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July 21, 1964


Appeal, No. 224, jan. T., 1964, from order of Court of Common Pleas of Northumberland County, Dec. T., 1963, No. 597, in case of George F. Perles v. County Return Board of Northumberland County. Order affirmed.


Myron M. Moskowitz, for appellant.

Preston L. Davis, for intervening appellee.

Before Bell, C.j., Jones, Cohen, Eagen, O'brien and Roberts, JJ.

Author: Jones

[ 415 Pa. Page 155]


The inception of this controversy was the municipal election held on November 5, 1963, in Northumberland County. "Among other officers to have been elected at that election was the entire board of county commissioners, and, consequently, the two judges of the court of common pleas of the county acted as the return board to compute and canvass the votes: Pennsylvania Election Code, Act of June 3, 1937, P.L. 1333, § 1403, as amended (25 P.S. § 3153) (hereinafter referred to as the Election Code).

"There were four candidates for the three offices of county commissioner and prior to the computation and canvassing of the ballots of absentee electors it appeared that Oscar E. Kehler (D) had received 19,626 votes; W. Fred Kohler, Jr. (R) 19,480 votes; George F. Perles [Perles] (D) 19,060 votes; and Fred E. Hoffman [Hoffman] (R) 18,729 votes. The ballots of absentee electors received by the county board of elections (and not then counted) totaled 765."*fn1

146 of the absentee ballots were rejected by the board of elections as bearing postmarks later than election day: See Election Code §§ 1305-B and 1307-B, 25

[ 415 Pa. Page 156]

P.S. §§ 3149.5 and 3149.7. As the remaining ballots were removed from their outer envelopes, counsel for Perles began to challenge,*fn2 ultimately challenging 485 of the remaining 619 votes. These challenges were overruled. "After all of the ballots of absentee electors had been thus canvassed (and with the apparent agreement of all parties including the interested candidates, their attorneys and watchers, the tabulators, the county chairmen of the two major political parties, and the two common pleas judges sitting as a return board) the still-sealed inner envelopes containing the overruled, challenged ballots were commingled with the envelopes containing unchallenged ballots and at that point they were all opened and the ballots therein counted."*fn3 (Emphasis supplied). Perles received votes on 96 of the absentee ballots and Hoffman on 505. When these ballots were tabulated with the other ballots cast, the final result was a victory for Hoffman by 78 votes.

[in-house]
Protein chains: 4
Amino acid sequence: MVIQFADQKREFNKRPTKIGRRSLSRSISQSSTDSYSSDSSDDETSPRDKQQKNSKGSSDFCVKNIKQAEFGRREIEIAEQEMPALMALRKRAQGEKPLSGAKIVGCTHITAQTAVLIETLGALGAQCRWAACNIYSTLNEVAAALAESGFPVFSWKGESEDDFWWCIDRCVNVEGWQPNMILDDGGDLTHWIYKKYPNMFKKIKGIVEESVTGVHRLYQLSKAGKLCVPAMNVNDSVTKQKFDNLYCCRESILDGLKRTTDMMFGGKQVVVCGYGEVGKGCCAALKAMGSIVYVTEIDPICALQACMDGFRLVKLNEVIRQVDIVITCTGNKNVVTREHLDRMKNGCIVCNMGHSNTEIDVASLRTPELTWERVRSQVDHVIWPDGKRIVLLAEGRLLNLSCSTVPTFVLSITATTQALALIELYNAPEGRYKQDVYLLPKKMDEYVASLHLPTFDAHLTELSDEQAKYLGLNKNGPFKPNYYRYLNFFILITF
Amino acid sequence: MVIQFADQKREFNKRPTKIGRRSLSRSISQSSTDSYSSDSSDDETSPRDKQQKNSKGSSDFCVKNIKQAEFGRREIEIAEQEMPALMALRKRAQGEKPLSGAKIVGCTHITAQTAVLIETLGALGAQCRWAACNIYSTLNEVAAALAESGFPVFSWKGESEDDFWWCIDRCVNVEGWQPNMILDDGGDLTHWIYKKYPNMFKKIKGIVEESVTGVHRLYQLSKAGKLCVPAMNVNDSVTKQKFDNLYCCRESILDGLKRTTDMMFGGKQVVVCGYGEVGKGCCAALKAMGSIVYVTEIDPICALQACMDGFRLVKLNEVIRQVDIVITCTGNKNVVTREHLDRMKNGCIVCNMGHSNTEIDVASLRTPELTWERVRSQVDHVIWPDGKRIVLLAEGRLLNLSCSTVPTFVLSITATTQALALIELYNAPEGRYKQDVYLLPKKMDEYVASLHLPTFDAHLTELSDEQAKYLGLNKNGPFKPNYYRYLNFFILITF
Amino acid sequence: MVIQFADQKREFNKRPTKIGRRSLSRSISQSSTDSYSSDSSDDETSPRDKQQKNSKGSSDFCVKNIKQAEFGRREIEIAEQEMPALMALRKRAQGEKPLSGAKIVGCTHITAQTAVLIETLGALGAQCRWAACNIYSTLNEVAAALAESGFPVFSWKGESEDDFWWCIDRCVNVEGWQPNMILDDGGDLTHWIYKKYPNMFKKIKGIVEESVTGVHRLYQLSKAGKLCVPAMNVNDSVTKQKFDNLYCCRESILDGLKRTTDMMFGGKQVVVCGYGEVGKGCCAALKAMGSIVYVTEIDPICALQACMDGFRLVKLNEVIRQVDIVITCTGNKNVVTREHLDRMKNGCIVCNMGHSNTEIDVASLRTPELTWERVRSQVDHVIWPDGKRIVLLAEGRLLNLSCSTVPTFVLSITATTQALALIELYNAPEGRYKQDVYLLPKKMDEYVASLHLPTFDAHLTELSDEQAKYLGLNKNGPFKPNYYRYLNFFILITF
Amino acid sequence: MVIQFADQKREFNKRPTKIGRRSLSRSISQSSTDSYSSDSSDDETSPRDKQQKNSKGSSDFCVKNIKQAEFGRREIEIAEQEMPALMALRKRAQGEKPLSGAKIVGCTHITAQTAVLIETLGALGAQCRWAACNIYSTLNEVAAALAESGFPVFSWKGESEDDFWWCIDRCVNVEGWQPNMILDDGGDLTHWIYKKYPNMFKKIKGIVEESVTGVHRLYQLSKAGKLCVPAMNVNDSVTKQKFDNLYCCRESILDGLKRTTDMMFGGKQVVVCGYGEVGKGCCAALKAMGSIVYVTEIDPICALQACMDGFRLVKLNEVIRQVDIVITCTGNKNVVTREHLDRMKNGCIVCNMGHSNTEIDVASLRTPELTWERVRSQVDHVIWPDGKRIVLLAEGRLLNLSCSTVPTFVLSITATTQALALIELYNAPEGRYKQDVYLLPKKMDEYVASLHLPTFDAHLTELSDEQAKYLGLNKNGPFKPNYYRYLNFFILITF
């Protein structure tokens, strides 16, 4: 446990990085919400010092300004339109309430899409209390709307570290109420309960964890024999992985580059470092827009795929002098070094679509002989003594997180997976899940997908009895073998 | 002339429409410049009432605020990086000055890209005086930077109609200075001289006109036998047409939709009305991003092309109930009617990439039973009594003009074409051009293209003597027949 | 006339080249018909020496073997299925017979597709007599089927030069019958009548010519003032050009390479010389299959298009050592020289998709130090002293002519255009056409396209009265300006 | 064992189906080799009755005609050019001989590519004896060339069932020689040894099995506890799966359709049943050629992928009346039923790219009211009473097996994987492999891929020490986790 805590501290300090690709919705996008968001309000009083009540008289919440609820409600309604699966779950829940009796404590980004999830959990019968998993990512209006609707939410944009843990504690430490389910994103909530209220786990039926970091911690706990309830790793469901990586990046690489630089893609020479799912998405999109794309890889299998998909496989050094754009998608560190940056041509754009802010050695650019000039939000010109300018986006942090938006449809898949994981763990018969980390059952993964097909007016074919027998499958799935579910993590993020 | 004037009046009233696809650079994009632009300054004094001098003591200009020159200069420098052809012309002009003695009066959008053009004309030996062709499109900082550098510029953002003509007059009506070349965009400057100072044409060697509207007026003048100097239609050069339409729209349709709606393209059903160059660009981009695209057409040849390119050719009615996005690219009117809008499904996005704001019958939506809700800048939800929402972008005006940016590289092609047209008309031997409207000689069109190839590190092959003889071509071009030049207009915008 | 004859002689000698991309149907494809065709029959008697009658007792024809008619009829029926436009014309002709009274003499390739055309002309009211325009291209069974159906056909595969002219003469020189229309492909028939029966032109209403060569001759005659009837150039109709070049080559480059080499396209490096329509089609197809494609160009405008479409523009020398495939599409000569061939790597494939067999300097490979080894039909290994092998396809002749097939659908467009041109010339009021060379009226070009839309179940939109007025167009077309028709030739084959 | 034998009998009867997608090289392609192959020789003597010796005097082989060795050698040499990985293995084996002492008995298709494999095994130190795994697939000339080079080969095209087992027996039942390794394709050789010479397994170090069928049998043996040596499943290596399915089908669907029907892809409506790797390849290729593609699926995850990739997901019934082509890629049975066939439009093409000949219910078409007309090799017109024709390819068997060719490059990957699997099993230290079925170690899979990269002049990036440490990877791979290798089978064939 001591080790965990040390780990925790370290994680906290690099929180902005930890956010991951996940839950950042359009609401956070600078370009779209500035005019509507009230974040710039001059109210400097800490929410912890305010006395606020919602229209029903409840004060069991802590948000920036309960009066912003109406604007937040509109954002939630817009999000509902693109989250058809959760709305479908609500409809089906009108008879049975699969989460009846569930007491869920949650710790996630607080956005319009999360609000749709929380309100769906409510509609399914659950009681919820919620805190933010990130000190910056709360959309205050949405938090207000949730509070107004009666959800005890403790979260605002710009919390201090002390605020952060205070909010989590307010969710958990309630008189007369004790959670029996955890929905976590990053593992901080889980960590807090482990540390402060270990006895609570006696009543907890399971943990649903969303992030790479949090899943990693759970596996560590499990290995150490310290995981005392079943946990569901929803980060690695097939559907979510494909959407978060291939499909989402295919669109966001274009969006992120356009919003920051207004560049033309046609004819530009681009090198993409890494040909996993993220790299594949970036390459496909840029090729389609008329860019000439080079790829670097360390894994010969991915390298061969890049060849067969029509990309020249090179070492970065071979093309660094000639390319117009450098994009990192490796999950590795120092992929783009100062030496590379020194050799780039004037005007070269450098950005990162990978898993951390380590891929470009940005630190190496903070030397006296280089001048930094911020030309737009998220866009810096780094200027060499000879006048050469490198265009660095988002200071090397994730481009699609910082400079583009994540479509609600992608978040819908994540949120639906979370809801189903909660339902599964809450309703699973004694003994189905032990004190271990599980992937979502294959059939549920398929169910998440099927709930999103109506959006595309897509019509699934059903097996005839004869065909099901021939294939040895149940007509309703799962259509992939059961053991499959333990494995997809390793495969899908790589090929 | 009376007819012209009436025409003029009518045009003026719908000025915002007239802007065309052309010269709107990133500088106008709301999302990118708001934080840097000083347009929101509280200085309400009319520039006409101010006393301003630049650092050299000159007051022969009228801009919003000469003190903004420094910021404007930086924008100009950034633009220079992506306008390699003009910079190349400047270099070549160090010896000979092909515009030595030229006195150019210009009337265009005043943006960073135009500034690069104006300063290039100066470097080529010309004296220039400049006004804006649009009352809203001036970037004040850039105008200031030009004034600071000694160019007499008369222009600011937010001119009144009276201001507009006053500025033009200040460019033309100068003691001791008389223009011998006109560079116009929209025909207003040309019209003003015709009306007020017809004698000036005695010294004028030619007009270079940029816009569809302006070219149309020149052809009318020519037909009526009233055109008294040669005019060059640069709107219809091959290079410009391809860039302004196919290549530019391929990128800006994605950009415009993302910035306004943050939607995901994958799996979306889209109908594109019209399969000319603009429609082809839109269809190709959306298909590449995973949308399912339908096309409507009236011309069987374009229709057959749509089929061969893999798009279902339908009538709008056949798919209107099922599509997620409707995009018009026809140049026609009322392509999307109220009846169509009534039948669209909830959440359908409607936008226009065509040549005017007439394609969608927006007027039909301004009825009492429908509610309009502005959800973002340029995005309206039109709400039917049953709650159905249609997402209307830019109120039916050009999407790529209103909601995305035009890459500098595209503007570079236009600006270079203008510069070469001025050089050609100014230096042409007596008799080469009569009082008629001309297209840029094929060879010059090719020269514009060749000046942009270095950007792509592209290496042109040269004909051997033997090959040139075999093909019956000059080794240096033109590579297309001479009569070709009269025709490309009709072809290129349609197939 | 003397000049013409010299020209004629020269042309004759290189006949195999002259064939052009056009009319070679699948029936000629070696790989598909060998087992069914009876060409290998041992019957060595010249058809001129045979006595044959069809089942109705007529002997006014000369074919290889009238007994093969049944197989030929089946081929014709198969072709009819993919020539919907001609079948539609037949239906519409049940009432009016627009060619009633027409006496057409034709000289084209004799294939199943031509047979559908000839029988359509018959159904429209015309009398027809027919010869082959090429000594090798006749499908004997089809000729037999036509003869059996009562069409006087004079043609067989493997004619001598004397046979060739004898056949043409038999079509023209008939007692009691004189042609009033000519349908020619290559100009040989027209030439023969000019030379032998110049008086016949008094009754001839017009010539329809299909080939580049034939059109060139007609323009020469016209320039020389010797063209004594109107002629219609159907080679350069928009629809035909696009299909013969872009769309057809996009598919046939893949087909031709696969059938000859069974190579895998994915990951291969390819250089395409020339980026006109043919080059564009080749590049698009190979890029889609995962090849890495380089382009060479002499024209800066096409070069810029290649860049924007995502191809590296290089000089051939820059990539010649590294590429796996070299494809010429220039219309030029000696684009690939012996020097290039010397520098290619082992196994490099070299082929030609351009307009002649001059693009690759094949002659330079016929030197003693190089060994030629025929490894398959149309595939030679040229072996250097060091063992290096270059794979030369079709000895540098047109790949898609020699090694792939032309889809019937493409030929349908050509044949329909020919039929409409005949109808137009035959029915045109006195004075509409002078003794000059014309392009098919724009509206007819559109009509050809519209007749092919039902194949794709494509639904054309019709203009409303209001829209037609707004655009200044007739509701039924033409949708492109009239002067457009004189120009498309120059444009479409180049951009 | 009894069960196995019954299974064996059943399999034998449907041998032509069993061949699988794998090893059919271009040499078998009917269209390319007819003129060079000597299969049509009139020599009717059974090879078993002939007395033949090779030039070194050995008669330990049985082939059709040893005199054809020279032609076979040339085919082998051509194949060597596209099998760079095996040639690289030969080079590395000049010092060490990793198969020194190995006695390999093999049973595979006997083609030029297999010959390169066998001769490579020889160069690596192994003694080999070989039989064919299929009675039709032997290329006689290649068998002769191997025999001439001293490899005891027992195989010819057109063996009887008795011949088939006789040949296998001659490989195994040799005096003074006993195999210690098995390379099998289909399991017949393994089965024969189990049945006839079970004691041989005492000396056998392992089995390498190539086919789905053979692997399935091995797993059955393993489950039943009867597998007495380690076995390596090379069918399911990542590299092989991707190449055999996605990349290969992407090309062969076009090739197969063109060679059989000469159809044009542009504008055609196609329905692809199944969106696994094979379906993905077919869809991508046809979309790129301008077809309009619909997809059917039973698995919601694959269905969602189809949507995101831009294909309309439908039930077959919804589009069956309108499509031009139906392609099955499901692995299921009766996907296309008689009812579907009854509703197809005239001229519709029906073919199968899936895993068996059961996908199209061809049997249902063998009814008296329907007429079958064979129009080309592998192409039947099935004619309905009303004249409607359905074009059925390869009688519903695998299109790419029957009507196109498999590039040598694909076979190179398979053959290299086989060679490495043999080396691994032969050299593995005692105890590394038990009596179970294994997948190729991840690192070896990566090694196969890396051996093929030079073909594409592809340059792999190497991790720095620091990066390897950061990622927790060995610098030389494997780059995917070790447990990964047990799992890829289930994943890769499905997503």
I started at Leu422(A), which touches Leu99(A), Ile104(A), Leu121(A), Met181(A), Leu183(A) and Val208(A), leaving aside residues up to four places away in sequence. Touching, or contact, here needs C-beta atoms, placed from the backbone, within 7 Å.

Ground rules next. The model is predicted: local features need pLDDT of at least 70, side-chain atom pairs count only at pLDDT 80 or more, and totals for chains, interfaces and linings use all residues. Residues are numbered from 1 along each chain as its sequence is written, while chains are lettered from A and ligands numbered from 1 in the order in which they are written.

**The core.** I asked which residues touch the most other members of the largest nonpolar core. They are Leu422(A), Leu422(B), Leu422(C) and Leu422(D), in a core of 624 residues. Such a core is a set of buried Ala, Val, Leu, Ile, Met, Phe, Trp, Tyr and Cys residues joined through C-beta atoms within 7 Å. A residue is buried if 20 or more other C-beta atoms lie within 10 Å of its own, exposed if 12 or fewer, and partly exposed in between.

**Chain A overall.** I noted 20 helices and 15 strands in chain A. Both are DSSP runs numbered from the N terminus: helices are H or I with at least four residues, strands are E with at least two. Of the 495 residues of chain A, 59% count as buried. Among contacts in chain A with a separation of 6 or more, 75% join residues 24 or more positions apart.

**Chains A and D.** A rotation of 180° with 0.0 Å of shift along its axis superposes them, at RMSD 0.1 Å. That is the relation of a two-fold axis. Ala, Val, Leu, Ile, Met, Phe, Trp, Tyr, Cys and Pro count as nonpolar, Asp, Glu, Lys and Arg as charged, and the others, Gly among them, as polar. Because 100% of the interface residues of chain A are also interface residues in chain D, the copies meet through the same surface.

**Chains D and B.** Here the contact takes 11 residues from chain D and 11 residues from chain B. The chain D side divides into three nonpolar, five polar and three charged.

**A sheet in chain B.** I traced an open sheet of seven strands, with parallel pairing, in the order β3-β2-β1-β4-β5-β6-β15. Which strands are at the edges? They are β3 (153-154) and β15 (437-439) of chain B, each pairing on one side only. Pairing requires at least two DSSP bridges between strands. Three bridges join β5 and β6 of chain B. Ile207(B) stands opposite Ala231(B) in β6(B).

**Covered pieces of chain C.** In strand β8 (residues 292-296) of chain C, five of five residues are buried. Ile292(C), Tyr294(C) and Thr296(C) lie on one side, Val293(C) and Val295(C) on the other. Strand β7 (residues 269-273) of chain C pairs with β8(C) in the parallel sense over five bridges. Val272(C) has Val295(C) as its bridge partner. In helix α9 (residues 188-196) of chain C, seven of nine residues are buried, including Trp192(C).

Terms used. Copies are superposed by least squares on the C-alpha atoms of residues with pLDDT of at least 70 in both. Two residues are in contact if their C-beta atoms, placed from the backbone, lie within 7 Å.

[ 415 Pa. Page 157]

The counting of the absentee ballots was concluded on November 17, 1963, and the votes were tallied on November 18 and 19. On November 22, 1963, the board signed the official books which confirmed the results of the canvass and computation of the absentee ballots. On November 22, 1963, Perles filed an appeal, and Hoffman moved to dismiss the appeal as having been untimely filed. On December 3, 1963, the two law judges of Northumberland County disqualified themselves from hearing the appeal because they had previously acted as the return board in the election. This Court then appointed Judge R. DIXON HERMAN of the 12th Judicial District to specially preside in the matter. Argument was held on December 18, 1963, and on January 2, 1964, the appeal was dismissed and the order of the County Return Board affirmed. It is from this action of the court below that Perles now appeals.